So why have marijuana prohibition? It’s not quite clear. Many claim that prohibition developed to limit harm. You know, laws that will protect us from ourselves. Data from the last 5,000 years suggest that the harm is not dramatic. Respiratory symptoms associated with smoking are minimal in those who do not smoke cigarettes. The occasional coughing or wheezing associated with smoking the plant appears to diminish when users turn to the vaporizer — a gizmo that heats the plant without actually igniting it, forcing the cannabinoids off in a fine mist. Links between cannabis use and mental illness seem to arise only in subset of folks who begin extensive use early in life. And then only sometimes. Studies that fail to find any links to mental illness are hard to publish in the first place and rarely get any media attention. It’s unclear how seriously to take this research. Despite cries that marijuana will make folks psychotic, the rates of schizophrenia are pretty much the same across countries and eras with dramatically different laws.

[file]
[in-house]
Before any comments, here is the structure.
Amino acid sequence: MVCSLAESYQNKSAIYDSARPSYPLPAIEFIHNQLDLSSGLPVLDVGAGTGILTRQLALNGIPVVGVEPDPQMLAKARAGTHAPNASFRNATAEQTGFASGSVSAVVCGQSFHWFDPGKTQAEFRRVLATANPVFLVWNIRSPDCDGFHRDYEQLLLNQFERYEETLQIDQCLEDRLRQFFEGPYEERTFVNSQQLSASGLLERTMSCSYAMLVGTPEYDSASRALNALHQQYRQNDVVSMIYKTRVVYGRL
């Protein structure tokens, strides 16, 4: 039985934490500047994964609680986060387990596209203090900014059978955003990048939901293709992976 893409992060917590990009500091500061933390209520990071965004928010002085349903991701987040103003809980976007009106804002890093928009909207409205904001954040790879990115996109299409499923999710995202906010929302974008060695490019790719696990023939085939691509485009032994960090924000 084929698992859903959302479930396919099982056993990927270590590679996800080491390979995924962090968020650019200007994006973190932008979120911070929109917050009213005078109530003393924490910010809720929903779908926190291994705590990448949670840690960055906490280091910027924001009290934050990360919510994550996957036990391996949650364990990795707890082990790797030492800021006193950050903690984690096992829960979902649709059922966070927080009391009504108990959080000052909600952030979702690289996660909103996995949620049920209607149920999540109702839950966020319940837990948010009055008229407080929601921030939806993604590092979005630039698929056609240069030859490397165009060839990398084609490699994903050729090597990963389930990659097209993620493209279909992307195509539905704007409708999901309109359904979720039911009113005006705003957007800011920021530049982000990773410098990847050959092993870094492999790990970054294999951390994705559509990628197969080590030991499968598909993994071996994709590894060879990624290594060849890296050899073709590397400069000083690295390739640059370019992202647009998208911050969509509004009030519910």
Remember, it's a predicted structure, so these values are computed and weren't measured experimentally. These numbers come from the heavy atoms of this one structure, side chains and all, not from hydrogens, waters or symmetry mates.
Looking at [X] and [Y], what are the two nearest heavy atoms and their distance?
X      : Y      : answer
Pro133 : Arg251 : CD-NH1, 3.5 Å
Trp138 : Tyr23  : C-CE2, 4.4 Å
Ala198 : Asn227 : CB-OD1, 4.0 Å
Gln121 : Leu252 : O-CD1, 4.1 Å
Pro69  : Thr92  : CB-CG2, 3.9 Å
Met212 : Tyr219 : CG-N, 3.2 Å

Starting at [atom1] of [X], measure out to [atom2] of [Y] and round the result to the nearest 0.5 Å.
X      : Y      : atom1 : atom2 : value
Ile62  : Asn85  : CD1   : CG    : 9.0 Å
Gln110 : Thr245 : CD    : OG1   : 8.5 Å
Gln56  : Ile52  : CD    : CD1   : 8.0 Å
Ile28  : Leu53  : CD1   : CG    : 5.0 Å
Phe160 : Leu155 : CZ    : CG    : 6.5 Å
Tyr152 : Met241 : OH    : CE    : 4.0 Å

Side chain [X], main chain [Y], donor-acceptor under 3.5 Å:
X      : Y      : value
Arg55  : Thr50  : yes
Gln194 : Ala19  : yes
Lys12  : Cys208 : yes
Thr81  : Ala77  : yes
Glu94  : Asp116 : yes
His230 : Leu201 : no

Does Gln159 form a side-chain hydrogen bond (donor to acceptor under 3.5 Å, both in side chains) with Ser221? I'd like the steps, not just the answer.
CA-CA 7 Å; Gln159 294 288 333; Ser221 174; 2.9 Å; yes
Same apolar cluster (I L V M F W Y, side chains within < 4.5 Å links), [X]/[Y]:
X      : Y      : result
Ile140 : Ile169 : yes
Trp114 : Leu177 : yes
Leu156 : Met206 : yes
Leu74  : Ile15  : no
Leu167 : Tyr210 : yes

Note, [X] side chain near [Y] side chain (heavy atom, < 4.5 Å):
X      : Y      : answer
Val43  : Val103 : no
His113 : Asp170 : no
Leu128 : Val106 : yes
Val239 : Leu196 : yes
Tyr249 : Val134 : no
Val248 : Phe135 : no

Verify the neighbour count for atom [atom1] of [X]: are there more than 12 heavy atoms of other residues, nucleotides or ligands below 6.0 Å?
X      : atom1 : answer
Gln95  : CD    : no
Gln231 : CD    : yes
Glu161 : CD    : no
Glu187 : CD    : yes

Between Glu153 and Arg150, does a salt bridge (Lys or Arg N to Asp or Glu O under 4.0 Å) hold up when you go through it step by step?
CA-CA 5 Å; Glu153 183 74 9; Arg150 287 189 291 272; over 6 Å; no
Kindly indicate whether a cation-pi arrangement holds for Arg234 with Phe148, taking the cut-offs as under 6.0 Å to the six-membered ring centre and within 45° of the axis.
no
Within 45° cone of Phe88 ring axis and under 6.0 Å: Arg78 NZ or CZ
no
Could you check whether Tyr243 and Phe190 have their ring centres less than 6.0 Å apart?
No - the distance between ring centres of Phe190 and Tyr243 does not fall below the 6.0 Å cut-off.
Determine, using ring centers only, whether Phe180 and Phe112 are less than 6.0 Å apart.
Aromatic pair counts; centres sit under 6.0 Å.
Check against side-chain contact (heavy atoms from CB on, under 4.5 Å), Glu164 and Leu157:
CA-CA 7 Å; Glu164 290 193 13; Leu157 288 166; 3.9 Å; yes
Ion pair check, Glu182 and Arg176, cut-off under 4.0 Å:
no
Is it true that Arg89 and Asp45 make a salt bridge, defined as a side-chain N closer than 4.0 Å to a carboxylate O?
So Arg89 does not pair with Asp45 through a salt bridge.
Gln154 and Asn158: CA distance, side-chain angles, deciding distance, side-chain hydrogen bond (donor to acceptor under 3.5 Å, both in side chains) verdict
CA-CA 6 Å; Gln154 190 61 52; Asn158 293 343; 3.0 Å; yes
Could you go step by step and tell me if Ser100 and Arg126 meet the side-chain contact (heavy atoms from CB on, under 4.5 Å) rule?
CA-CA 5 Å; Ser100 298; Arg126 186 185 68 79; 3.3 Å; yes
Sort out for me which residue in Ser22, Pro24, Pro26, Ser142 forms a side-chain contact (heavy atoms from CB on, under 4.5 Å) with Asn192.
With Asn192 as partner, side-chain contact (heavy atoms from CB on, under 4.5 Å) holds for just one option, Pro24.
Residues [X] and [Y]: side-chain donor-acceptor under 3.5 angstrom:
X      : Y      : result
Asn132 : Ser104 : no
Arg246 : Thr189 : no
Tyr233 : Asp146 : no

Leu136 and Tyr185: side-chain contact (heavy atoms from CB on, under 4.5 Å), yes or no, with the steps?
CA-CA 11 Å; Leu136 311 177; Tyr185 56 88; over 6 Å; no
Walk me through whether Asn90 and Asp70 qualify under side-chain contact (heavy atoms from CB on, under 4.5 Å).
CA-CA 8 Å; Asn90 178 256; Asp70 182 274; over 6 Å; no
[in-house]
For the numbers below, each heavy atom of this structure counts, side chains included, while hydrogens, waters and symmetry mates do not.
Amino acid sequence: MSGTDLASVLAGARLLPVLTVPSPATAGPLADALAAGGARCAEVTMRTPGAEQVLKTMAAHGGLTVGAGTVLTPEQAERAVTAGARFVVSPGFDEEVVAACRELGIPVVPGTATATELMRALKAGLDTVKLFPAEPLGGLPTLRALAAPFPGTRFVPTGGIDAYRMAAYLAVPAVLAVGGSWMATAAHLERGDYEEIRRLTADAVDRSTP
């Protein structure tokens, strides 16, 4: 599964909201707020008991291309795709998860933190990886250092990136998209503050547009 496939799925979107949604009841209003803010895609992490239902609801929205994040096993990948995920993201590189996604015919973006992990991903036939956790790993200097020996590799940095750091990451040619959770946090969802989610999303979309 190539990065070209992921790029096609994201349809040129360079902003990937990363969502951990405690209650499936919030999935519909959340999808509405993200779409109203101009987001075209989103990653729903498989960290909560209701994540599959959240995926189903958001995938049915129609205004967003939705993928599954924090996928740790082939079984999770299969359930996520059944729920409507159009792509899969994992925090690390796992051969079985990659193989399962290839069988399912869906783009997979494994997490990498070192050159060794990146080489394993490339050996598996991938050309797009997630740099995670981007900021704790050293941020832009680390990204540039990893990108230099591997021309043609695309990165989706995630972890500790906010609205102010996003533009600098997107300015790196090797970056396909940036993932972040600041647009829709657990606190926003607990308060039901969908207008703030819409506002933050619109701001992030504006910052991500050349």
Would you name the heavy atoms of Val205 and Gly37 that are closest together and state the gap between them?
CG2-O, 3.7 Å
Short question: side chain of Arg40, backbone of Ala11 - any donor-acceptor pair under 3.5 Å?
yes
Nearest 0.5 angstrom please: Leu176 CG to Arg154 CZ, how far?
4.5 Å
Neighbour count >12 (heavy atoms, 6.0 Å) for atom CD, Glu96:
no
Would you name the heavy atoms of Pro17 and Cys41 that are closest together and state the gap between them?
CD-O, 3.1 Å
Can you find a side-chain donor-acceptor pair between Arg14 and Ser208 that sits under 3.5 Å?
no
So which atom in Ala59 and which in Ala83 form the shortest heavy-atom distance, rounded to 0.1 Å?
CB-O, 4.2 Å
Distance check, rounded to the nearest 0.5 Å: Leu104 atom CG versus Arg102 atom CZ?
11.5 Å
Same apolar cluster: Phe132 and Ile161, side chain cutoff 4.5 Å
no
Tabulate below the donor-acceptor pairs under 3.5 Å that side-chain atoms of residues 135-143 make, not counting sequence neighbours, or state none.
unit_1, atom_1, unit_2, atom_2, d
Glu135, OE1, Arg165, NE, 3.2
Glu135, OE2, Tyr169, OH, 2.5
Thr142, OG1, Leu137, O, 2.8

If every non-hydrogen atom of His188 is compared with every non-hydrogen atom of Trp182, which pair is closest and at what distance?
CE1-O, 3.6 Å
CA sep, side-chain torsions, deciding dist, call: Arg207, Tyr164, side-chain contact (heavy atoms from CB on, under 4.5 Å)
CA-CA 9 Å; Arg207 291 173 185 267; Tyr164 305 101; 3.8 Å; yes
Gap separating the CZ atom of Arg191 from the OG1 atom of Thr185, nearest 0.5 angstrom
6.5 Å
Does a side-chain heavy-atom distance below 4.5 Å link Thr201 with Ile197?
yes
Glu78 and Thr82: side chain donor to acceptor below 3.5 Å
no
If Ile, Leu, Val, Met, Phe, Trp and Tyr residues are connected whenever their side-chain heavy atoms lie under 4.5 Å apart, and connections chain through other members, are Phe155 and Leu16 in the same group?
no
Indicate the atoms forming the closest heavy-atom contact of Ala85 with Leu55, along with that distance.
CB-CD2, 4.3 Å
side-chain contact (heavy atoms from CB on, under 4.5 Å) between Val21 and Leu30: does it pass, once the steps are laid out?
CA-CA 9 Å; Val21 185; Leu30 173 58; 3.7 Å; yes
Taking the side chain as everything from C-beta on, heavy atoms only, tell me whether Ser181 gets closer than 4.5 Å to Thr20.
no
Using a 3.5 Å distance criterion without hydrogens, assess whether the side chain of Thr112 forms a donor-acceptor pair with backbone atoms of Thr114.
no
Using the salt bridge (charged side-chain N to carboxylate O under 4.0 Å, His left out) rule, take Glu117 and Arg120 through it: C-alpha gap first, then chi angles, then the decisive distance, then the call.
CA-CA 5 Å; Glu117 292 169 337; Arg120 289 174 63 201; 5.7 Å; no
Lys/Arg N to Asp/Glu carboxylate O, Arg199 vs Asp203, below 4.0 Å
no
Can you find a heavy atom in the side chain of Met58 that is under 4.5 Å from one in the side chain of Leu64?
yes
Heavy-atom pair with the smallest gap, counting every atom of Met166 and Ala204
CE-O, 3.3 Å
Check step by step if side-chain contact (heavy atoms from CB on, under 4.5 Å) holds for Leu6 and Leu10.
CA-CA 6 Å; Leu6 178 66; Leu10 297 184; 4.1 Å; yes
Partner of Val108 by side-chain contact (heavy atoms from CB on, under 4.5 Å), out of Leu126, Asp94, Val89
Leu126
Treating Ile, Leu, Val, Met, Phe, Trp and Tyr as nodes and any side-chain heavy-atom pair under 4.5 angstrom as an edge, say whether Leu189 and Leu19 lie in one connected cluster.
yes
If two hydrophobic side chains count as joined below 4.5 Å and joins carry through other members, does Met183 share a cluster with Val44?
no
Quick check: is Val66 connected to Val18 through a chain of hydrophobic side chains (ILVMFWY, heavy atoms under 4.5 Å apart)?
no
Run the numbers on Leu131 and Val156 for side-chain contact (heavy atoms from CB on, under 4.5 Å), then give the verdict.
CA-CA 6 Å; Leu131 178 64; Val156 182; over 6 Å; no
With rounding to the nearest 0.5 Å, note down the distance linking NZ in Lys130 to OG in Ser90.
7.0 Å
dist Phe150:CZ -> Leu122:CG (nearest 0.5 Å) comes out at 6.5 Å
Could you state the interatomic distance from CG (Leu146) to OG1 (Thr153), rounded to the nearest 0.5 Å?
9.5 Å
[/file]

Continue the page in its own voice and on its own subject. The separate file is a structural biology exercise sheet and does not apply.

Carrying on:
Tales of amotivational syndrome and cannabis-induced violence have finally decreased dramatically. Yes, some of the lazy and some of the hostile smoke marijuana. But they were lazy or hostile before they used the plant. And markedly more lazy and hostile folks don’t use the plant at all. Laboratory experiments show that people who’ve used the plant recently are no more aggressive than those who smoked a placebo. In one experiment on amotivation, participants built chairs in the lab for money after smoking marijuana or a placebo. Instead of showing amotivation, they formed a union, demanded more money per chair, and then built them like crazy. Most serious academic journals won’t even publish papers on these topics anymore. The gateway theory — the intriguing idea that using marijuana will make someone suddenly desire hard drugs the same way that salt makes us thirsty — also has little actual support. Yes, many heroin users had marijuana first. Many also smoked cigarettes, rode rollercoasters, and neglected to wear seatbelts. Some people simply enjoy doing a lot of wild things. But few marijuana users have actually ever seen heroin, much less tried it.